The winged one would soar above Mother Earth gazing upon all the beauty which she had bestowed upon her beloved creatures.  There were times he would get so lost in her essence, he would forget to land and take his morning bounty from her.

This was going on too long and the little winged one weakened until one day he dropped within her misty breath.  Half dead and lying on the muddy banks he managed to pick himself up, but his wings would no longer carry him.  Filled with heartache he moved on looking at the world as a two-legged, now bound to earth.

Grandmother Moon watched his journey from that iridescent place, as he cried at his great error.  Nightfall was coming and he had always found safety and warmth within the creaking tree.  He had no idea what to do or where to take shelter in this New World which he had arrived in.

As he hobbled along the lip of the river, he came across a bramble bush.  Carefully he slipped within its thorns and laid his head to rest.  His being was swarming with thoughts of flight on this dark and shadowy night.

Morning came and the winged one was awoken by the sounds of the other creatures gathering for their daily nourishment.  His body ached with both fear and hunger; he knew he would have to abandon his place of hiding to eat.

The tiny tsi’tha moved out of his place of comfort, slowly entering a land in which he did not know.  To his surprise, the others welcomed him within their circle.  This moved him a great deal as he was more than honored to join them, for abundance was plentiful.  The tiny one ate and ate, he almost kept up with the great tso:ka’we standing nearby on his right.

Tired and weary he decided to seek comfort once more within his bramble bush.  It was there that he lay with a full stomach and a calm that blanketed the little one for yet another evening on his earthbound journey.

As the days turned into many moons the winged one was getting quite forgetful of where he had once come from.  The Cloud People were not even noticed as they called to him from above.  Even Grandmother Moon would whisper the sweet remembrances of flight to the tsi’tha while he slumbered but to no avail.  This saddened Grandmother Moon for she knew what the small frail one was about to endure.

As the cold blew its chilly breath across the waters and coated to leaves with its crisp brilliance, the landscape began to change her appearance from warmth and beauty, to an icy cold bitterness.  The winds blew strongly and left a coating of frozen rime on everything within its path.

Grandmother Moon’s light glistened upon the grassy appendages that were once a grand food source for the numerous creatures that have long been nestled away for the winter.

The little one tries to stay warm with his head tucked beneath his wounded wings.  The forest now desolate, creature friends all gone, hidden away from the cold in their winter abodes.  All that is left now is this cold bleak never-ending winter torment.  The silence that now engulfs the land plays with his mind and echoes the thoughts of distant days when the winds breathed life to his now unfamiliar wings.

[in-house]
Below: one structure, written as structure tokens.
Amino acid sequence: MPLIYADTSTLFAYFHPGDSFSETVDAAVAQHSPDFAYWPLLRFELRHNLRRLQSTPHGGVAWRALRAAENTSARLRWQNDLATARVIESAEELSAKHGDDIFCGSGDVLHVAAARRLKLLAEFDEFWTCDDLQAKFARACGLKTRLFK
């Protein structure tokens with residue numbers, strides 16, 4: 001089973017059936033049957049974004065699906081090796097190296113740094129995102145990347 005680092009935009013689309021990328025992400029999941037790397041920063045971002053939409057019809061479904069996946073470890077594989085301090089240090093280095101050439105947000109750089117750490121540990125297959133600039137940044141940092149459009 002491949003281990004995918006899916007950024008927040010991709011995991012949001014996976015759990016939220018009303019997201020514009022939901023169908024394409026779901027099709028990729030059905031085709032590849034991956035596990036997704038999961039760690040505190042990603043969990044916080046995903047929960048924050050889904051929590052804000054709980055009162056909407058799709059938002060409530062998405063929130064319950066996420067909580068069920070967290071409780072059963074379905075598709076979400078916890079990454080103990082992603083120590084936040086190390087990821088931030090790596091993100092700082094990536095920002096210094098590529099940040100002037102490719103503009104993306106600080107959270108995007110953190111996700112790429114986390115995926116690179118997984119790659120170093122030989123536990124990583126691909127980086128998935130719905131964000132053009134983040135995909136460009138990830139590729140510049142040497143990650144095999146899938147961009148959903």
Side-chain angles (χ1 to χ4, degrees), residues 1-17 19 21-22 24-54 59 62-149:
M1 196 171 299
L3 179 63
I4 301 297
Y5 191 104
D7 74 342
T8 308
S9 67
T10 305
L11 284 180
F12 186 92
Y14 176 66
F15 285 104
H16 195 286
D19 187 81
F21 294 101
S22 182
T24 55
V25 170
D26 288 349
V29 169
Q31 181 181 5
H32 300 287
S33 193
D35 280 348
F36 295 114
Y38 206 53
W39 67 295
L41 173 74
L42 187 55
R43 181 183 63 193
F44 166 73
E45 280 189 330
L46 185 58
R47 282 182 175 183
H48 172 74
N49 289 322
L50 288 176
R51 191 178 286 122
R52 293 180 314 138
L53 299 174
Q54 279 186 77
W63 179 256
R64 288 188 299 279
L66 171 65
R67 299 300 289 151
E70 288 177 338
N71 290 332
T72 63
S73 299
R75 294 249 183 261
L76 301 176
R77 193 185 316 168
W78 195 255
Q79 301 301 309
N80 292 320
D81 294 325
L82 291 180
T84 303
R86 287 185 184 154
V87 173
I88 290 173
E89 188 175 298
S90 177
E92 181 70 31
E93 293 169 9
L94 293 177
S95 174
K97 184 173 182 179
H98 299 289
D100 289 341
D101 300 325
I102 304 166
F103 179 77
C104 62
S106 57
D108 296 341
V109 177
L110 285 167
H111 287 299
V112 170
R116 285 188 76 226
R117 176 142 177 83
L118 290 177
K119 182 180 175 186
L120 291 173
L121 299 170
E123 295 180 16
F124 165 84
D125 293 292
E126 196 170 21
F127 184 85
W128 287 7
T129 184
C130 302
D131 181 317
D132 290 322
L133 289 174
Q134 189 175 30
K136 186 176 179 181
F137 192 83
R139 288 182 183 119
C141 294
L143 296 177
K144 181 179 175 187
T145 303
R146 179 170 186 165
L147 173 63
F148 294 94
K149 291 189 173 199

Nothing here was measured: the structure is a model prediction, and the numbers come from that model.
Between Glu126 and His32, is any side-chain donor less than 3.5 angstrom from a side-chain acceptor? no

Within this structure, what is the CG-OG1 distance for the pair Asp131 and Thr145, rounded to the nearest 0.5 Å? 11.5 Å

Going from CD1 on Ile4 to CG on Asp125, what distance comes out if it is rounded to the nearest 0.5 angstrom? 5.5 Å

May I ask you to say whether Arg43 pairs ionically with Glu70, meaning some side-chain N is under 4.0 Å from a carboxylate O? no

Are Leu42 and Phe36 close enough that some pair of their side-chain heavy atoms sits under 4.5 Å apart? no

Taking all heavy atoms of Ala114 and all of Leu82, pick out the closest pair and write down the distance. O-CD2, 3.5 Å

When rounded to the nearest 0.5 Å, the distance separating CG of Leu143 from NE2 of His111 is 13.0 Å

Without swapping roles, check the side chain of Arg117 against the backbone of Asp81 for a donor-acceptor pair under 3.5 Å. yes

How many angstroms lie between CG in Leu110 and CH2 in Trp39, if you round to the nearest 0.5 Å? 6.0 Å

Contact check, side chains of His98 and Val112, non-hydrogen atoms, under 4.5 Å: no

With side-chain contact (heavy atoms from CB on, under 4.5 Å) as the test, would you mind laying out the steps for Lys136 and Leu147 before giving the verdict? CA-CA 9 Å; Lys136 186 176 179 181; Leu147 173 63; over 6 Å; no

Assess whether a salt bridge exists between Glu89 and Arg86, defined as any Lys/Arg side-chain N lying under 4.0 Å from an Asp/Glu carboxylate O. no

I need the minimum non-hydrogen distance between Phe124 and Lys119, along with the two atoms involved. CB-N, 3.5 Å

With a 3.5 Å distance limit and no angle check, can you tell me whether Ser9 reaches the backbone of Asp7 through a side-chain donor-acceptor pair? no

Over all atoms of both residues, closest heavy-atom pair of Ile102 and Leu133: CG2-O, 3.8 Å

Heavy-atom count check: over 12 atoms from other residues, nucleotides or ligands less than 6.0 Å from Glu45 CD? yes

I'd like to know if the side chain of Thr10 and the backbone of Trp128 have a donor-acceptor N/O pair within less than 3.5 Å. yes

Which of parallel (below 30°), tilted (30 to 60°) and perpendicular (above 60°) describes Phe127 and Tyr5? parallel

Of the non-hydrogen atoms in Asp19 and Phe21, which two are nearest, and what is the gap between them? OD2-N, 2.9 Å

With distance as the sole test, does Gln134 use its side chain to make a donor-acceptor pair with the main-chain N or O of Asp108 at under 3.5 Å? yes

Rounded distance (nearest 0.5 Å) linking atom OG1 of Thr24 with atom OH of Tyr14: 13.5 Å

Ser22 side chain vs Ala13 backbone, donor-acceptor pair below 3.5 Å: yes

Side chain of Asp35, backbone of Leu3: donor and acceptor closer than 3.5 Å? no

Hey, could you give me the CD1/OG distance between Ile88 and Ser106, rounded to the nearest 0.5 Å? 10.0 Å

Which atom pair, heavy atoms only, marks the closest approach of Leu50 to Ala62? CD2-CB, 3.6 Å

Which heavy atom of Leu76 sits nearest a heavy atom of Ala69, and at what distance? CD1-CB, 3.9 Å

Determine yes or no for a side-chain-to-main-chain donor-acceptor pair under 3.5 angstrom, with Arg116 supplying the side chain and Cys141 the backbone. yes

As the buds of onerahtokha begin to unfold, Mother Earth once again breathes her breath of life throughout the land.  Grandmother Moon looks for her little one to see how he has fared through the dark and lonely winter months of tsothohrha, the time of cold.  He lay in his bramble bush deeply affected by the thoughts that kept him alive, the thoughts of life and longing to use his wings once more.

As he creeps out of his tattered and worn shelter, he walks lamely from the scars left over from the cold and bitter winter months.  Grandmother Moon and the Cloud People had watched the torment and sorrow that the little winged one had encountered.

The Cloud People suggested to Grandmother Moon that she call upon the Four Winds to raise the little one once more.  As the winged one dragged himself onto the path of the two-leggeds his fatigue was apparent.  He could feel something pulling him, driving him; the beat of a distant drum was within him.  His heart grew stronger as he felt Mother Earth, whom he loved looking at with such reverence from above.

Mother Earth began to caress him with her heartbeat as Grandmother Moon brightened herself from across the sun.  The Four Winds started to blow their gentle breeze; the Cloud People were calling him by name.  The ones he loved so dear warmed his heart. He longed to join again with the feeling of flight.
The winds started to encircle his small weakened wings, the breath of the Four Winds penetrated his frail body and gave him a strength he had not felt for many moons.  It appears all he had endured during the winter months was washed away, the scars falling from him as though they had never been.

The Four Winds opened and started blowing gusts to lift the little tsi’tha.  He felt himself becoming lighter, spreading his wings with anticipation, and longing to greet the sky, He felt emotions of fear and excitement, as he knew that he was about to feel the sensation of flight.

His little body began to lift, as his feet were no longer earthbound.  He looked down and saw everything beneath him become smaller.  His wings started to flutter as they once had a lifetime ago.  He is looking at Mother Earth from that place in which he loved to gaze upon her beauty.  It felt so good to have feelings of freedom once more.  He bid the earth farewell as his heart grew light, one that was whole and healed.  And so, it was the little robin was in flight, the way it was always meant to be.